- Reduce the US role in negotiating new multilateral trade agreements in the WTO and limit US involvement at the WTO to dispute settlement (a significant change to both longstanding US trade policy and the world’s current multilateral trading system)
- Alter the scope and targets of US economic sanctions, as well as review of inbound foreign direct investments by the Committee on Foreign Investment in the United States (CFIUS)
Identify your risks and opportunities in likely US trade policy changes
No one can predict which sectors or companies will be affected by changes in US trade policy. But public statements indicate that companies with any of the following characteristics should pay particularly close attention to US trade developments over the coming months:
- Reliance on open trade with countries (such as China or Mexico) that might rank high on a Trump administration's list of potential targets for unilateral trade measures. Unilateral trade measures could also trigger some type of retaliation that disrupts supply chains, even for companies not directly involved in the events prompting those measures
- Reliance on one or more FTAs between the United States and another country for
- critical parts or components
- investment sources or
- other aspects of current or planned business operations
- Current or planned investments or transactions involving either
- businesses in the US that depend on sales in other countries’ markets through an FTA or
- businesses in other countries that rely on easy access to US markets
- Ability to benefit from new provisions in new trade negotiations between the US and specific countries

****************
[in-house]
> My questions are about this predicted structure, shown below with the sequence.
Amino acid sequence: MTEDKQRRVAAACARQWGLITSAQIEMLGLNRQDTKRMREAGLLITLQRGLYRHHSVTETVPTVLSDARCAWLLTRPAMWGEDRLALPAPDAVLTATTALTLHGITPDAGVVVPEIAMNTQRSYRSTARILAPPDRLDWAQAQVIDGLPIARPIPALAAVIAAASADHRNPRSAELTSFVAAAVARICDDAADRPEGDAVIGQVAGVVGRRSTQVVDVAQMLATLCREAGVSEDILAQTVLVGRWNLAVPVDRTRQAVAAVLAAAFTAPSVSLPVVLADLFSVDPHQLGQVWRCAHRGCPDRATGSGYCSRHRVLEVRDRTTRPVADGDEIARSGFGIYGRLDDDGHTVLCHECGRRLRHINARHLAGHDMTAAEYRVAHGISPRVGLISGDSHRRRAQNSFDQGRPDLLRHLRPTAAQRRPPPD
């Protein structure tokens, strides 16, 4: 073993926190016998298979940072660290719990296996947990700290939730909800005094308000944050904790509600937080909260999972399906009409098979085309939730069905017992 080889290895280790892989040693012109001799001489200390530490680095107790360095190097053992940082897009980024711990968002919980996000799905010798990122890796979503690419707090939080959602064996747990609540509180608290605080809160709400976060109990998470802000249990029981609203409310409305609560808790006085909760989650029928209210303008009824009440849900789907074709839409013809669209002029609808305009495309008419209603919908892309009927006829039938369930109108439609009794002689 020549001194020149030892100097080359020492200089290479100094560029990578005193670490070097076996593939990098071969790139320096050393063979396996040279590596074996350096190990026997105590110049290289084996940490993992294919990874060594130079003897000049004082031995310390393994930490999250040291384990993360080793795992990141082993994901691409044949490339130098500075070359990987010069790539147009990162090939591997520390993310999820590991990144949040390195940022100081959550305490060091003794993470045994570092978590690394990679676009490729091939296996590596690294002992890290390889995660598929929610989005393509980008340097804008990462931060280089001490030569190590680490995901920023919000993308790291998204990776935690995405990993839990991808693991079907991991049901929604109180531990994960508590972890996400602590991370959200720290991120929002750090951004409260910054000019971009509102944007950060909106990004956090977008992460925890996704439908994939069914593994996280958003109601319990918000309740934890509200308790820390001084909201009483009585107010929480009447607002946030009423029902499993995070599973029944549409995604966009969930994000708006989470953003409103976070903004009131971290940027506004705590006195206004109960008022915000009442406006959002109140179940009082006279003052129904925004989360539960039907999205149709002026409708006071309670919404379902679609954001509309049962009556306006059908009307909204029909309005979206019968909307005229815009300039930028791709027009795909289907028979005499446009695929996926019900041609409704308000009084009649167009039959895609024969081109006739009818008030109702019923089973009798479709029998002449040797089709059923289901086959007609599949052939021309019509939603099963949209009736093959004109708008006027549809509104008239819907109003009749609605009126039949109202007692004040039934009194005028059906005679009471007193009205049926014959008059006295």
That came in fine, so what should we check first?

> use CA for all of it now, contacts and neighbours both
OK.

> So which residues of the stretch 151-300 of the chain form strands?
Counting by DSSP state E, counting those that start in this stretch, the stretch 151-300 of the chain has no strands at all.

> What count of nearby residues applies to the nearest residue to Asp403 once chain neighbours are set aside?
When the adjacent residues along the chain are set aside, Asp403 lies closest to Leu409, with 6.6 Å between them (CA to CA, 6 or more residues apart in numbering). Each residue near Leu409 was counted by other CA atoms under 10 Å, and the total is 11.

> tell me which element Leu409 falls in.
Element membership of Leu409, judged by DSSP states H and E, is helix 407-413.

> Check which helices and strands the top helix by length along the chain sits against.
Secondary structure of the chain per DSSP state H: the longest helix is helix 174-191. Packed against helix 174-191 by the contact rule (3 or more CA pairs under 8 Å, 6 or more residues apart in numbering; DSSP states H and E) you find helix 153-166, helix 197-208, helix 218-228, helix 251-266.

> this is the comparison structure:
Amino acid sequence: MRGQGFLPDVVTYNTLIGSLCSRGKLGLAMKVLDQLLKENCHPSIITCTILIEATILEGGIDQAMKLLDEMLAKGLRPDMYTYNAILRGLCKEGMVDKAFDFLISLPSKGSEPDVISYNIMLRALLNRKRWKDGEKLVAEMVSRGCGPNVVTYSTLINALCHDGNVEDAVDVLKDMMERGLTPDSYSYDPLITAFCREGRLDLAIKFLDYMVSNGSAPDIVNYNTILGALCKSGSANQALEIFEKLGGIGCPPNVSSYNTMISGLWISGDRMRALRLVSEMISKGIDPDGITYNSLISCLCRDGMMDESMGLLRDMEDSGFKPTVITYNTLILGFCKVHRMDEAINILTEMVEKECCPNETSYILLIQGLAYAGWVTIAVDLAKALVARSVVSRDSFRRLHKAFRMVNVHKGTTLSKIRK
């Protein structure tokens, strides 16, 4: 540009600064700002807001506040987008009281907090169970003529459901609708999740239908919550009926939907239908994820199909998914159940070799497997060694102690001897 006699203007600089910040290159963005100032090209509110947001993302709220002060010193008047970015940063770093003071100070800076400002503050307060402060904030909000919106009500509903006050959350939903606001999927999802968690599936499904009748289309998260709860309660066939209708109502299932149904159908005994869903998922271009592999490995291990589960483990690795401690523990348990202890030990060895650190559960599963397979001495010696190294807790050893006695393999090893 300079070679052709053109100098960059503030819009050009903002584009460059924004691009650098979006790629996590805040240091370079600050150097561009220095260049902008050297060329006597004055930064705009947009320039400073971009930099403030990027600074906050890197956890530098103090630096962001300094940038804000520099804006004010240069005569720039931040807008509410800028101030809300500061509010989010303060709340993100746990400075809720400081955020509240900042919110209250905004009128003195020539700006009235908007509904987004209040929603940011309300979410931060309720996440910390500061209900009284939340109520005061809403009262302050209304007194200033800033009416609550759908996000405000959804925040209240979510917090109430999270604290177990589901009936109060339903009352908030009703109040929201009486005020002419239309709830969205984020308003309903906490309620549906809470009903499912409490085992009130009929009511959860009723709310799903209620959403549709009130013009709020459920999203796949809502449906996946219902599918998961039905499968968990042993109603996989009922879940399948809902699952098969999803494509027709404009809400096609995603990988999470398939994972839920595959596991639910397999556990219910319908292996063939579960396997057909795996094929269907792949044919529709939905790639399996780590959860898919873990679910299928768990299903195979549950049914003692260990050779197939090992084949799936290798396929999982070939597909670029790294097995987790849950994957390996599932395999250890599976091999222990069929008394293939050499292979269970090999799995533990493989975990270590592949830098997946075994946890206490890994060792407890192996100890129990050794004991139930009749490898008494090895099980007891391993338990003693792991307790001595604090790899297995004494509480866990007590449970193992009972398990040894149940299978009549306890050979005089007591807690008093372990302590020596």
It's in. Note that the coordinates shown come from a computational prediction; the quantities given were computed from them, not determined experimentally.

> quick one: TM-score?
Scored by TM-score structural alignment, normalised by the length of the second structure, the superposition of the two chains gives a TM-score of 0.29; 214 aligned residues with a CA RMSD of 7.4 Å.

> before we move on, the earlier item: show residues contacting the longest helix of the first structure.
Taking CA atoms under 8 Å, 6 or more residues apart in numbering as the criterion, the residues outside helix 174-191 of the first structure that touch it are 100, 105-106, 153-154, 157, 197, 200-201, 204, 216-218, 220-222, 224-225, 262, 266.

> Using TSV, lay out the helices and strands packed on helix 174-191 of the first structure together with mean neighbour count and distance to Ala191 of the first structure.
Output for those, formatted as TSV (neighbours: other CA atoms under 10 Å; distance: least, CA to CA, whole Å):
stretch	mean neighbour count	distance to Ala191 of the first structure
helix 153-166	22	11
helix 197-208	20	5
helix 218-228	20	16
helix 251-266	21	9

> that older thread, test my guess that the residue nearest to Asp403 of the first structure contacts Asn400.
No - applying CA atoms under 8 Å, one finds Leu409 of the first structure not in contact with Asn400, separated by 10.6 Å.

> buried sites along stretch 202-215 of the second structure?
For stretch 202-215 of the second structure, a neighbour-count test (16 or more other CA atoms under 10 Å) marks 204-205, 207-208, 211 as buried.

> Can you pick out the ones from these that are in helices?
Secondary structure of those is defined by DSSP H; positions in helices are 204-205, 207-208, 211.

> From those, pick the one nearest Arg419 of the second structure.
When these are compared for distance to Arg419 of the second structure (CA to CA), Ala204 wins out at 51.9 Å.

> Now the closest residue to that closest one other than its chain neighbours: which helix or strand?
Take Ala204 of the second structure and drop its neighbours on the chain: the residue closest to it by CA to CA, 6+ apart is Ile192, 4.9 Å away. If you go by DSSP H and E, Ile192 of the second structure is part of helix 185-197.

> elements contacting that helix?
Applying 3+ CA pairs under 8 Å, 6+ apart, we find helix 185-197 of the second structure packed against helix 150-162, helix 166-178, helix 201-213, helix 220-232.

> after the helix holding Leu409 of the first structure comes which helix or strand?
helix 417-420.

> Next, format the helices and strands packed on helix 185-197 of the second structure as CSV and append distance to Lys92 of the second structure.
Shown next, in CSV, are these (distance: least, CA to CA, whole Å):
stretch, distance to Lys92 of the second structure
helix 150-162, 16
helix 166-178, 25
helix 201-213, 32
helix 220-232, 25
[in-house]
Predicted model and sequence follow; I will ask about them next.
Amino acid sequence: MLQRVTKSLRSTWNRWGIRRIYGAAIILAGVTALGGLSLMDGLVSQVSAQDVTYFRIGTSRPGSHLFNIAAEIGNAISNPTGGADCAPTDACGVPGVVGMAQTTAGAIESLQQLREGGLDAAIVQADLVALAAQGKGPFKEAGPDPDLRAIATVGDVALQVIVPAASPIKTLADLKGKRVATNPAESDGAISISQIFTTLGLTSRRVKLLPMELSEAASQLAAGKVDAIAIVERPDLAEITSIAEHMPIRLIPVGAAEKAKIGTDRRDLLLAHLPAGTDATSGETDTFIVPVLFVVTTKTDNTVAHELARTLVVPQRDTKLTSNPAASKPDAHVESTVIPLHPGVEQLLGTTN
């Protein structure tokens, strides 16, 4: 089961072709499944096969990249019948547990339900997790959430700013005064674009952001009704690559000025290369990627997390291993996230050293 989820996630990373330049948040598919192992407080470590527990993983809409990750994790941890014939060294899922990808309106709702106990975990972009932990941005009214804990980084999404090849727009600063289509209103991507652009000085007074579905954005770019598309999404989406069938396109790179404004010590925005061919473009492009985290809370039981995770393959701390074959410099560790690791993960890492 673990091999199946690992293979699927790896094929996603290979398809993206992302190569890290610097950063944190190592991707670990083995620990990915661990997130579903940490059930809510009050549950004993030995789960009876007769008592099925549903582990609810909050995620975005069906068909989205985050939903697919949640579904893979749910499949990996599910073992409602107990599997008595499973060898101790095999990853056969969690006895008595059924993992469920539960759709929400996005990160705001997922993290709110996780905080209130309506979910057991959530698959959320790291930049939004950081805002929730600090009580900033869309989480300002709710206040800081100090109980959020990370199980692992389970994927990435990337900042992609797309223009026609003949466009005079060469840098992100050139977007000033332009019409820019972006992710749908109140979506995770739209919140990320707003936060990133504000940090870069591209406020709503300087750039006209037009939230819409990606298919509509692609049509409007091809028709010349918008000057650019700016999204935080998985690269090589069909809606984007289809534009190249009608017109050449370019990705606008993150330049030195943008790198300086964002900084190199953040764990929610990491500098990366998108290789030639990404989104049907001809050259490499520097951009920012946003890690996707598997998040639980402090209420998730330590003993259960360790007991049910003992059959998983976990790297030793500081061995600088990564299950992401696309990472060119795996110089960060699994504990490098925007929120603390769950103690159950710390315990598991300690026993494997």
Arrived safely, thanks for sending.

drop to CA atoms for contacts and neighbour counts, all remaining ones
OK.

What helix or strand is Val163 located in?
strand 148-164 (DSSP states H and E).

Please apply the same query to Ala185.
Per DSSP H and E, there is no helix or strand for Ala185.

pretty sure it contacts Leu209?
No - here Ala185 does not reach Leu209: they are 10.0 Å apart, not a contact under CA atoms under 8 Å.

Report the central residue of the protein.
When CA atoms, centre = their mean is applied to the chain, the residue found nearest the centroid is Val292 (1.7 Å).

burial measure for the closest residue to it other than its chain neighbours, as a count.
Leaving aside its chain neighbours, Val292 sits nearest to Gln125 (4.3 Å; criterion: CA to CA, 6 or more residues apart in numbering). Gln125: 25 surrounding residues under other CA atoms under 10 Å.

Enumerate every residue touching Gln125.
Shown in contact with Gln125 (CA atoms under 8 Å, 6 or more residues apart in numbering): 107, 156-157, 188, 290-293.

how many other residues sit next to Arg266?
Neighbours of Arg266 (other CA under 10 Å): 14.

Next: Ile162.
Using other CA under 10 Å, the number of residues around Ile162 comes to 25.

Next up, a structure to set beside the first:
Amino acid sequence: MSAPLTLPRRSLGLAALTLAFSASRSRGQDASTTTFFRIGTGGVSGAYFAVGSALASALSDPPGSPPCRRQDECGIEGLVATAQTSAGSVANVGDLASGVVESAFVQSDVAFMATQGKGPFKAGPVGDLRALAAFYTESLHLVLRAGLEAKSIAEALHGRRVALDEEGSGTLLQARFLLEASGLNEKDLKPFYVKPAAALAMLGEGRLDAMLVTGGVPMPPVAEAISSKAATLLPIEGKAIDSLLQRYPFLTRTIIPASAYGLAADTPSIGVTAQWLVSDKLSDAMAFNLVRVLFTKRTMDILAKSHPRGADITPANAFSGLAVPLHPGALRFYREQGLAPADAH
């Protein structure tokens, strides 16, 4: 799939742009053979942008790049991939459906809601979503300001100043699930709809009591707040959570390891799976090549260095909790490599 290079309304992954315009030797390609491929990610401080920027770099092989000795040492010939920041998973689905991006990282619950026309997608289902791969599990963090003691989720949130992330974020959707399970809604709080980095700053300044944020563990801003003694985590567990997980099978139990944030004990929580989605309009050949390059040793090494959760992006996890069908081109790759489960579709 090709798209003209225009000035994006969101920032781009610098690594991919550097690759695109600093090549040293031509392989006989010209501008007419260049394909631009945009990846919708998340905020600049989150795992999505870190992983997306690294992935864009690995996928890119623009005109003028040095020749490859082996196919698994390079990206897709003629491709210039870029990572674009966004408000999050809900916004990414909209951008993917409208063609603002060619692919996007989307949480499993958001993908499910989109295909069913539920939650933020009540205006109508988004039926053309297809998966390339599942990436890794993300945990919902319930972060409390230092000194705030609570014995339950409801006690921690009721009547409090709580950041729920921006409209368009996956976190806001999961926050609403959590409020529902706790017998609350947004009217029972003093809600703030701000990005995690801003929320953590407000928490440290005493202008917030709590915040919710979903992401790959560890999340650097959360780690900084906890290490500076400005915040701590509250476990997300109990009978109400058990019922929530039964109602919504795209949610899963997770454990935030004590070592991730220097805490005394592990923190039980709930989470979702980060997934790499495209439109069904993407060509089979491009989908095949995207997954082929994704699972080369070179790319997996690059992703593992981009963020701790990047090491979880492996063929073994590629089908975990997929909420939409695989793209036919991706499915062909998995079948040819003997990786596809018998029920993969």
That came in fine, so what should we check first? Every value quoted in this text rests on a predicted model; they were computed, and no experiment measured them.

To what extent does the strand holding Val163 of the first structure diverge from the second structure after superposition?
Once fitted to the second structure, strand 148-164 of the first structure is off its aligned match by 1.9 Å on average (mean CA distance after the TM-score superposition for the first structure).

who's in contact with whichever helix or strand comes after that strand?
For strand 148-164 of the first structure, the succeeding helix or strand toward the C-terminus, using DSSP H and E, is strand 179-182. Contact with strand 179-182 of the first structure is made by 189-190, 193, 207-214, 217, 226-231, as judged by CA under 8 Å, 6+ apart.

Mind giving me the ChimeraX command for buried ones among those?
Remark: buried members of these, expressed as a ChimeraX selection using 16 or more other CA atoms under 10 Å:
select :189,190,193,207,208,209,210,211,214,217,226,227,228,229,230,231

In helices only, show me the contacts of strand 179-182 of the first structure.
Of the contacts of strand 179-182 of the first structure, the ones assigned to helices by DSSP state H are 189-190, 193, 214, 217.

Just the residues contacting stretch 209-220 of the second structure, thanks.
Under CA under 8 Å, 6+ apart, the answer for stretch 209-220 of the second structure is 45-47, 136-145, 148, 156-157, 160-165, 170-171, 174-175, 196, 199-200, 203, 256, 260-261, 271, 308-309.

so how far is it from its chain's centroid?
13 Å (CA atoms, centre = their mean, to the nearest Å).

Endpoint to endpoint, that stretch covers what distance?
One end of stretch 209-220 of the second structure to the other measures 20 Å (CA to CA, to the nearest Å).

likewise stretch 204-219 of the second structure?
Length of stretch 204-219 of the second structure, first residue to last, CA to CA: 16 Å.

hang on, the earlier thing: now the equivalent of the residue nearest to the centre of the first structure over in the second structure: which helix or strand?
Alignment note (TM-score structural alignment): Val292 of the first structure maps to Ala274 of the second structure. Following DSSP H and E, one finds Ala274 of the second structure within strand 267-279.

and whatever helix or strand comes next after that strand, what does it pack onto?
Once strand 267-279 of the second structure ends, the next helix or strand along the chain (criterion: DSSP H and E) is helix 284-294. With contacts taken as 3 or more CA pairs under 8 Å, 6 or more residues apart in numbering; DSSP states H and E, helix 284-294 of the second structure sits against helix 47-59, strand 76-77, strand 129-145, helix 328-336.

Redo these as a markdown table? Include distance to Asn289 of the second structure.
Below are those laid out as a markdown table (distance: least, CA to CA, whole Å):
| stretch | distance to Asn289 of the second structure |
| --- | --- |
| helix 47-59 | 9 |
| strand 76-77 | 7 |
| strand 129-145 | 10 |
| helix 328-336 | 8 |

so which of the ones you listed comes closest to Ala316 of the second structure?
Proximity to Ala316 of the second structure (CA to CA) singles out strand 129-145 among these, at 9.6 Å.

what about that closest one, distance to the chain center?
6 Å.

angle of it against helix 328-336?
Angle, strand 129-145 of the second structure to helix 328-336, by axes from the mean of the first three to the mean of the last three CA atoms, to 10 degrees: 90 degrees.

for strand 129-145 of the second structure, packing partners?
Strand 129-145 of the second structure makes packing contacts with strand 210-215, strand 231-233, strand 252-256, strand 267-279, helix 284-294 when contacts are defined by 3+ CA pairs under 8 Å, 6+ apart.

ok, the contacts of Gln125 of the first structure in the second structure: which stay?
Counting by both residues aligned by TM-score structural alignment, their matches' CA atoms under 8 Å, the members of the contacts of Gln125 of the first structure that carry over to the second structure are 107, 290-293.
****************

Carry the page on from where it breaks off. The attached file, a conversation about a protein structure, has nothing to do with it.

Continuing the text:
Develop a plan based on careful analysis
If the most likely US trade policy changes could create significant risks or opportunities for you, seek professional guidance to analyze your specific situation and brainstorm strategies you could use to your advantage. This could include plans to:
- Find alternative options for your supply chain, investment sources or other aspects of your current business operations that could be at risk—and be ready to pursue one of these alternative options quickly, if needed
- Begin a dialogue with others in a similar position, such as other companies that share your particular issues, and with responsible Trump administration officials (or those who influence the administration) about how trade policy changes would affect your specific interests
- Talk to your US Senators and Congressional Representatives (if you are in the US) about the seriousness of your situation and the need for their support and assistance
- Talk to sympathetic government officials in your home country (if you are not in the US) about your situation and any actions that could dissuade a Trump administration (for example, China or another country targeted by the DOC as a currency manipulator could launch a WTO challenge against new countervailing duties or anti-dumping duties)
- Explore avenues for legal recourse, which could include US court litigation or WTO proceedings